Sunday, October 18, 2009

Setting up the wormery for Kingsley St. John's

A few weeks ago Wiggly Wigglers offered some freebies to organisations who might be able to make use of them and the children's school, Kingsley St. John's, was lucky enough to get offered a re-furbished can-o-worms and value pack.

I've been trying to get the school composting in some way shape and form for a while now so I went along to their eco-club to help set it up.

As you can see from the photo's the children were absolutely fascinated with the whole process of both composting their food waste and having the worms do it for them.

So while the coir block was soaking for the bedding I took them through adding the legs and fitting the tap while explaining why there was a sump and what the tap was for etc.  More than one knew why you collect the liquid and how good it is for fertilising plants but they were really fascinated when it came to adding the bedding and the worms themselves.

Everybody got to hold some worms as I pointed out the adults, babies and even a few cocoons (that hold between 1 and 20 baby worms).

I then explained about the trays and how we should feed food waste (preferably wrapped in a sheet or two of newspaper to stop the fruit flies), add lots of shredded paper for extra carbon and soaking up excess moisture as well as giving them the much needed dark that they work so well in.

So the school now has a wormery and they have a rota system for emptying the liquid, diluting it with water and applying it to their raised beds.

I'll be visiting regualrly to keep an eye on things and explain what is happening as the bin becomes more mature and eventually needs the bottom tray emptying.

Next, to try and persuade them to use Bokashi for their cooked kitchen waste...

Wednesday, July 01, 2009

Knee op - bandage off

Bandage offFurther to my five days of struggling in the heat (well struggling generally actually) should be over so I settled down to remove the bandage from my knee.

As you can see it is still very swollen compared with the left one. I also notice they had managed to cut me while shaving my leg and there was plenty of iodine around (that had scared me when I first saw my foot because I thought jaundice must have set in - the nurse had a right old chuckle when I hit the panic button to ask her about it). Plus, there is a very helpful arrow so that the Consultant knows where do to his thing. The iodine has come off but the arrow is being quite stubborn but it's now covered by the tubigrip I have to wear during the day - at least that gives me some movement, and feels cooler.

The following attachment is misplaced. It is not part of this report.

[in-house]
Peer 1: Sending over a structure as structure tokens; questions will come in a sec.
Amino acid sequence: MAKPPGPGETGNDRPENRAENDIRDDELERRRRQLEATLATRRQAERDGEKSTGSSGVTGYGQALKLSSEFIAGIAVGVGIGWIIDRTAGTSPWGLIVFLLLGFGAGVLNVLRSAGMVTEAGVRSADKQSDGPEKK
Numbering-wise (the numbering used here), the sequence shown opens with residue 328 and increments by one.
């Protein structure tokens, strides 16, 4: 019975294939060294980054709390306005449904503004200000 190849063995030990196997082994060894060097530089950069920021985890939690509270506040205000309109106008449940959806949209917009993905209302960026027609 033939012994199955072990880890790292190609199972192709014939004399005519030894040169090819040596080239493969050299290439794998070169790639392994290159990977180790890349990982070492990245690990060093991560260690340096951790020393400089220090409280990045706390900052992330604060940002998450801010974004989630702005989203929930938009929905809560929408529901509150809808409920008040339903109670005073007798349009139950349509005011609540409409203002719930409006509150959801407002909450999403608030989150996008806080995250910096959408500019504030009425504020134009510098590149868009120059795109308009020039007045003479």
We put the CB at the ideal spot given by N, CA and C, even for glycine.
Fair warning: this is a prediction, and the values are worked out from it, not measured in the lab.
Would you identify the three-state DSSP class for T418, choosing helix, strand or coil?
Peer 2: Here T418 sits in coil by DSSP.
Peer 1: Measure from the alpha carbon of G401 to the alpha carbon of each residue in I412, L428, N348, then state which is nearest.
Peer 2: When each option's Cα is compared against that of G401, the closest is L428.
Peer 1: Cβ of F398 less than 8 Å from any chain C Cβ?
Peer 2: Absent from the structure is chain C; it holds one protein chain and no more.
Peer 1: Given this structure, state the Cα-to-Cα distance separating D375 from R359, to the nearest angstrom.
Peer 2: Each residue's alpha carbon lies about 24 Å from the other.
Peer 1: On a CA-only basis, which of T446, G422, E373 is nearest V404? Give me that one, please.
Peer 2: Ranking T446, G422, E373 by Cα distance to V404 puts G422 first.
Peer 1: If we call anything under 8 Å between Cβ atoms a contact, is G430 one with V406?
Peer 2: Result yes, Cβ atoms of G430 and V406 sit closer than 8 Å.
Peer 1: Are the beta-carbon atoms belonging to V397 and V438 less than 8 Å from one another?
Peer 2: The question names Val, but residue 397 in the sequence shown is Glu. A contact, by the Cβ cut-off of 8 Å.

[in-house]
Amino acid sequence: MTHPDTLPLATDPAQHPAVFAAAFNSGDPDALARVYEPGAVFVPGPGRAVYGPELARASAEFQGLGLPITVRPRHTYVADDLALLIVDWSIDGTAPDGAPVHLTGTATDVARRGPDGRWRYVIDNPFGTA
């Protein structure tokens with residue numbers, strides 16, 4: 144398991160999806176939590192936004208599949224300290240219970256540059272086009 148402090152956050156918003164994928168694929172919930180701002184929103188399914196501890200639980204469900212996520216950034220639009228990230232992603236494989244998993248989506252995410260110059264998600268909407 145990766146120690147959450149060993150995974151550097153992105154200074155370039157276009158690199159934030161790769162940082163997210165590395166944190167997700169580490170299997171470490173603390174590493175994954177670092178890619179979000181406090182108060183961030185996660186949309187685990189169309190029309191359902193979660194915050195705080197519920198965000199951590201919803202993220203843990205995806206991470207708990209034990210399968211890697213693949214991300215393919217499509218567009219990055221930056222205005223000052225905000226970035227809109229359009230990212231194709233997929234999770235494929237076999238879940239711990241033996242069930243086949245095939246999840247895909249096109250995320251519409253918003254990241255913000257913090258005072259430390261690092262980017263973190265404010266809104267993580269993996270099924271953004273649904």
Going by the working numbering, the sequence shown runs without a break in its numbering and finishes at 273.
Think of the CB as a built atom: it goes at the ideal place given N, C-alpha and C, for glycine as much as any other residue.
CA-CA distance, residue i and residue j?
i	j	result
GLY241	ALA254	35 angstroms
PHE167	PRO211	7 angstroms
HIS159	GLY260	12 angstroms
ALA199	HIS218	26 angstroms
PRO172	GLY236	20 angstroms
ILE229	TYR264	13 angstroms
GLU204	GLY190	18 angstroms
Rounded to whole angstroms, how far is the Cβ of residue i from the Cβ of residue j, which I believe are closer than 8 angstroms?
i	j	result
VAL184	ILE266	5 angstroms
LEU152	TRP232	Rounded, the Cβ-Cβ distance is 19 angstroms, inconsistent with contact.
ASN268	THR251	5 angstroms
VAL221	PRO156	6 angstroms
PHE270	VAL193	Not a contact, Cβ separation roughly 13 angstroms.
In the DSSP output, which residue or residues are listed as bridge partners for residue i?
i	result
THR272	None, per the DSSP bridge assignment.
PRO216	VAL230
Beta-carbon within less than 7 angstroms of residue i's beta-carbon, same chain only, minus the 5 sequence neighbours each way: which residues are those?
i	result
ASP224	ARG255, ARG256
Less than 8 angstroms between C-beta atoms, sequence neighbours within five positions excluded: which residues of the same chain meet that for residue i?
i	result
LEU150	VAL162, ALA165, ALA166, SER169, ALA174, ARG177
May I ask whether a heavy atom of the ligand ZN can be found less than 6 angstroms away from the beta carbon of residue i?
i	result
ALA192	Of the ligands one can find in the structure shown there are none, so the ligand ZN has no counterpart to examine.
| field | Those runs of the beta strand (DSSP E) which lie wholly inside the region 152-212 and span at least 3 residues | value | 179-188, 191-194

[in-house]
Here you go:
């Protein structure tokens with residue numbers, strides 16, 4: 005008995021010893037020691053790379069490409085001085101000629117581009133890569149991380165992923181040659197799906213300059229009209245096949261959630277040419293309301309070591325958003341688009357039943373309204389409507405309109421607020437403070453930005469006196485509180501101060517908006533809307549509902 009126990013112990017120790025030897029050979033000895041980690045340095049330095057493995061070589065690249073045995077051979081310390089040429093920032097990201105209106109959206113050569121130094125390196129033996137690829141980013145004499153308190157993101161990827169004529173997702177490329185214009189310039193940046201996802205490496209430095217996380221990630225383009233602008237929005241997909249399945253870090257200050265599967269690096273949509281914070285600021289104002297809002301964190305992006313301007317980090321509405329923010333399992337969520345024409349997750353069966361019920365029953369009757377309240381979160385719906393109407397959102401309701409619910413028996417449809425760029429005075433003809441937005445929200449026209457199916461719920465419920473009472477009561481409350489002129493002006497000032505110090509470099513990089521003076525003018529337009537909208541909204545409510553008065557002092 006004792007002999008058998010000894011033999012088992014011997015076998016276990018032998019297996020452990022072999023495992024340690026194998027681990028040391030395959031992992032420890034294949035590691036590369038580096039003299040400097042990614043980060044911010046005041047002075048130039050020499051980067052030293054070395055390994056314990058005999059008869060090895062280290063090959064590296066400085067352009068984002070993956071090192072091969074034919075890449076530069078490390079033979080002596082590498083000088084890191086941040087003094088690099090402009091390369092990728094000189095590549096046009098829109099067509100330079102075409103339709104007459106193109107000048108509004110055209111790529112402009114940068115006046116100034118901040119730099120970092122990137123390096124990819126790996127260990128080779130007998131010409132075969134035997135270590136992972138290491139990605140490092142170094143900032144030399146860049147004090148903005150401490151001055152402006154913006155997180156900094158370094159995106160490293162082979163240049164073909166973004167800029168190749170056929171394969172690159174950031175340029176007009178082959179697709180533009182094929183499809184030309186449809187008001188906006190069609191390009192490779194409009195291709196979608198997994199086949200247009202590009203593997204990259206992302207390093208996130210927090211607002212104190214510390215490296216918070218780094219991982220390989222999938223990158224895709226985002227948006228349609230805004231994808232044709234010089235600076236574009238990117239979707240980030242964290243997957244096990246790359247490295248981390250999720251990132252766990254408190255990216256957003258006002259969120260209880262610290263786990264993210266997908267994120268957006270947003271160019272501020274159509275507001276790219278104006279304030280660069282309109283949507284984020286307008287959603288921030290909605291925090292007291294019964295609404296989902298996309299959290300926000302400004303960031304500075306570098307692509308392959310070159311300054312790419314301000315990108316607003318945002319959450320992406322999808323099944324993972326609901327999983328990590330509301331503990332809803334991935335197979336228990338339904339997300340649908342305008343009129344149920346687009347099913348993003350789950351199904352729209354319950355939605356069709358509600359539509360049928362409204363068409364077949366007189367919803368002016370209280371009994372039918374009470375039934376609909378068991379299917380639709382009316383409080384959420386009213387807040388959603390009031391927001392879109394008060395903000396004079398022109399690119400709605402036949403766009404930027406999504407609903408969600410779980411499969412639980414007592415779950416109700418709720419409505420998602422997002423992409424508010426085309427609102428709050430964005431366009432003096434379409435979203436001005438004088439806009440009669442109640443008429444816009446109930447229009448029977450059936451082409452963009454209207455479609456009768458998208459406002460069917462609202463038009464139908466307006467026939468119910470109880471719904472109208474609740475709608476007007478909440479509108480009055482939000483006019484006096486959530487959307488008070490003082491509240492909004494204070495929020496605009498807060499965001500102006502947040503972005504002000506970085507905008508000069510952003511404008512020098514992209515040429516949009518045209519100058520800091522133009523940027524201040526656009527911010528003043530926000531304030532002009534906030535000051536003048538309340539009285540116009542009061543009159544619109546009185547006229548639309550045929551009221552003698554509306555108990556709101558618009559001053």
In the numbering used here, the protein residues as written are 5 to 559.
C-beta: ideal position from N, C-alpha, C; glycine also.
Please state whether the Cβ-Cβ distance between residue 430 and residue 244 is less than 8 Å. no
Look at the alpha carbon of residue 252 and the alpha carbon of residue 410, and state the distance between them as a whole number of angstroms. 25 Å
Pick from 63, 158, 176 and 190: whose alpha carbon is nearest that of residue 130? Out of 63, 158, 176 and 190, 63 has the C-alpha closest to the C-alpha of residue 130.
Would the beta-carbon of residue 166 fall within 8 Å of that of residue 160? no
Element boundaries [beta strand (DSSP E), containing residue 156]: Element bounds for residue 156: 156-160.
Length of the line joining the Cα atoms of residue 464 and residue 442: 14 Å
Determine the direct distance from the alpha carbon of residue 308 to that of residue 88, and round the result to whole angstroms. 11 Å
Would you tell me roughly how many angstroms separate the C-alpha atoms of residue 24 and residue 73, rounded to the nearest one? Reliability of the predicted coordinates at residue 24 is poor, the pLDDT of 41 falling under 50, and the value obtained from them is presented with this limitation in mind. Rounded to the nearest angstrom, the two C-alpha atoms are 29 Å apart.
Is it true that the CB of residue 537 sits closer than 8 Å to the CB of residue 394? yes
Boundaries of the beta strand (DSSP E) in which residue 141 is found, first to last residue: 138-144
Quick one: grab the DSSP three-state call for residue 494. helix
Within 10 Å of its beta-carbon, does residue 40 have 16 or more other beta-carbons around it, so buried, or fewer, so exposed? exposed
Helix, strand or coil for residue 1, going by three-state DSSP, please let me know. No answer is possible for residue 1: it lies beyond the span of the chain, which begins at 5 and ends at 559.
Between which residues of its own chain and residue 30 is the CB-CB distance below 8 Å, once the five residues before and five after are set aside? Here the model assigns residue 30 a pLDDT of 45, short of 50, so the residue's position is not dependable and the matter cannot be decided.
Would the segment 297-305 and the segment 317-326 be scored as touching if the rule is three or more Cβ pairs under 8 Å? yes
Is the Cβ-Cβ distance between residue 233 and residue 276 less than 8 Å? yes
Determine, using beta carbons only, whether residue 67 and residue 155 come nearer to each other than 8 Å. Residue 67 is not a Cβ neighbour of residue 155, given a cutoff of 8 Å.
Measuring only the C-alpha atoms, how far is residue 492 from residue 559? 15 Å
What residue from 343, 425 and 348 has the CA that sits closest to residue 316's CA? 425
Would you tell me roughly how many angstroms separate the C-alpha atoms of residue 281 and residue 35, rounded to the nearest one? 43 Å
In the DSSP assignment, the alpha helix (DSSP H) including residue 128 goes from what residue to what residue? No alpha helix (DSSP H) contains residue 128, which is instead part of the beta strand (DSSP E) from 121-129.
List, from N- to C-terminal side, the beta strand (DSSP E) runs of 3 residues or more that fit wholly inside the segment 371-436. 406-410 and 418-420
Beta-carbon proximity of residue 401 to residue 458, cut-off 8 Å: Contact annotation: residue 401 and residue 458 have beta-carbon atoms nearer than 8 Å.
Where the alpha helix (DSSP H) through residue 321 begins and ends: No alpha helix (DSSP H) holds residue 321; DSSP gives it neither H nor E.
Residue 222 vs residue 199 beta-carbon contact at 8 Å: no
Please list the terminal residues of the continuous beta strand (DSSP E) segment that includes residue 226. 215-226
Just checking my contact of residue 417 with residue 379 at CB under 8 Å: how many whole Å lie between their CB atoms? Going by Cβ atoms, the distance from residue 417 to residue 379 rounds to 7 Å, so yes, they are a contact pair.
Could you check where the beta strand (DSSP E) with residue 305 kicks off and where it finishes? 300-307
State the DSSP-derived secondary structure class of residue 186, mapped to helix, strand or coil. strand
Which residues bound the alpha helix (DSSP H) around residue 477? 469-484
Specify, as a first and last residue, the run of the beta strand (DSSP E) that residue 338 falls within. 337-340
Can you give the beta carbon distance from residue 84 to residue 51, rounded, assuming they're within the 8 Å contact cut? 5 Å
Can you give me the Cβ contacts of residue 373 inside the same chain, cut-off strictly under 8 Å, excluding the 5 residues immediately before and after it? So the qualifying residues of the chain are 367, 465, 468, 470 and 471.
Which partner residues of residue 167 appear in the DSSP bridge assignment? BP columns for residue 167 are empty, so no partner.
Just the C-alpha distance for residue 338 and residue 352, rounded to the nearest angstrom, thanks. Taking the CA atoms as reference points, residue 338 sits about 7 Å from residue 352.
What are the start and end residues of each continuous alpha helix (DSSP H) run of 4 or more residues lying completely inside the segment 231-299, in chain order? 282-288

I also removed the dressings to see the puncture wounds and it's amazing how small they are. They also bleed when you look at them too long so I quickly replaced the old dressings with new and tried not to think about it.

It's five days since the op and I seem to be having more pain as the days go on, which is not how I envisaged things at all. I can take small doses of about 10 minutes before pain sets in and I have to move, whether that be lying down, sitting down or standing/walking. It means I'm having to snatch sleep when I can because I'm not making it through the night - even the tennis isn't numbing me enough to sleep longer than 10 minutes or so. The drugs help a little for the really sharp pains but don't help at all with the throbbing and aching. Beer is needed I think, but that interferes with the drugs so I'm not sure just yet.

Plus, now the bandage is off I have no excuses for not doing the few physio exercises that I couldn't do before because of the padding. Six times a day I am supposed to put my self through the torture. At least now the bandage is off the ice pack will make a difference - I don't see anybody until next week and figure a bit of pain now will be better than a lot of pain then if I've not been doing them right ...

Saturday, June 27, 2009

Knee op

After having pain in my knees after exercise for about 3 years now and putting it down to age I went to see somebody just after Christmas. There followed just under 3 months of physio twice a week which helped the knee that had the least pain but played absolute havoc with the other.

I tried all sorts of things to align the knee caps and even resorted to my "monkey feet"
Vibram Fivefingers shoes
which use barefoot technology to help you strengthen your feet, ankles, legs and hips etc - but the problems with the right knee just wouldn't go away so the Consultant booked me in for an arthroscopy so he could take a look around and tidy up any messy cartilage, as well as treat the under-side of the knee cap that had some pretty extensive Chondromalacia patellae. He showed me the pictures of normal cartilage (white and smooth as ivory) and mine, which was grey and rough like the rocks of volcanic larvae you sometimes find on the beach.

The result is bandage from just under my knee to just under my bum that has to remain on for 5 days! A normal arthroscopy would mean I could remove the bandage after a few days apparently but because of the extensive work mine has to stay on longer to help keep the swelling down.

Knee operation

The pain yesterday was unbearable and I needed crutches to get about, but today I am able to shuffle around the house without and have managed the stairs in both directions. However the bandage has suddenly gone very tight so I think I may have over done and it has swelled up a bit - it's hard to tell when covered by so much padding!

Anyway, now off to attempt the torture, sorry, rehabilitation exercises that I need to do ...

Saturday, May 30, 2009

Trip to Paris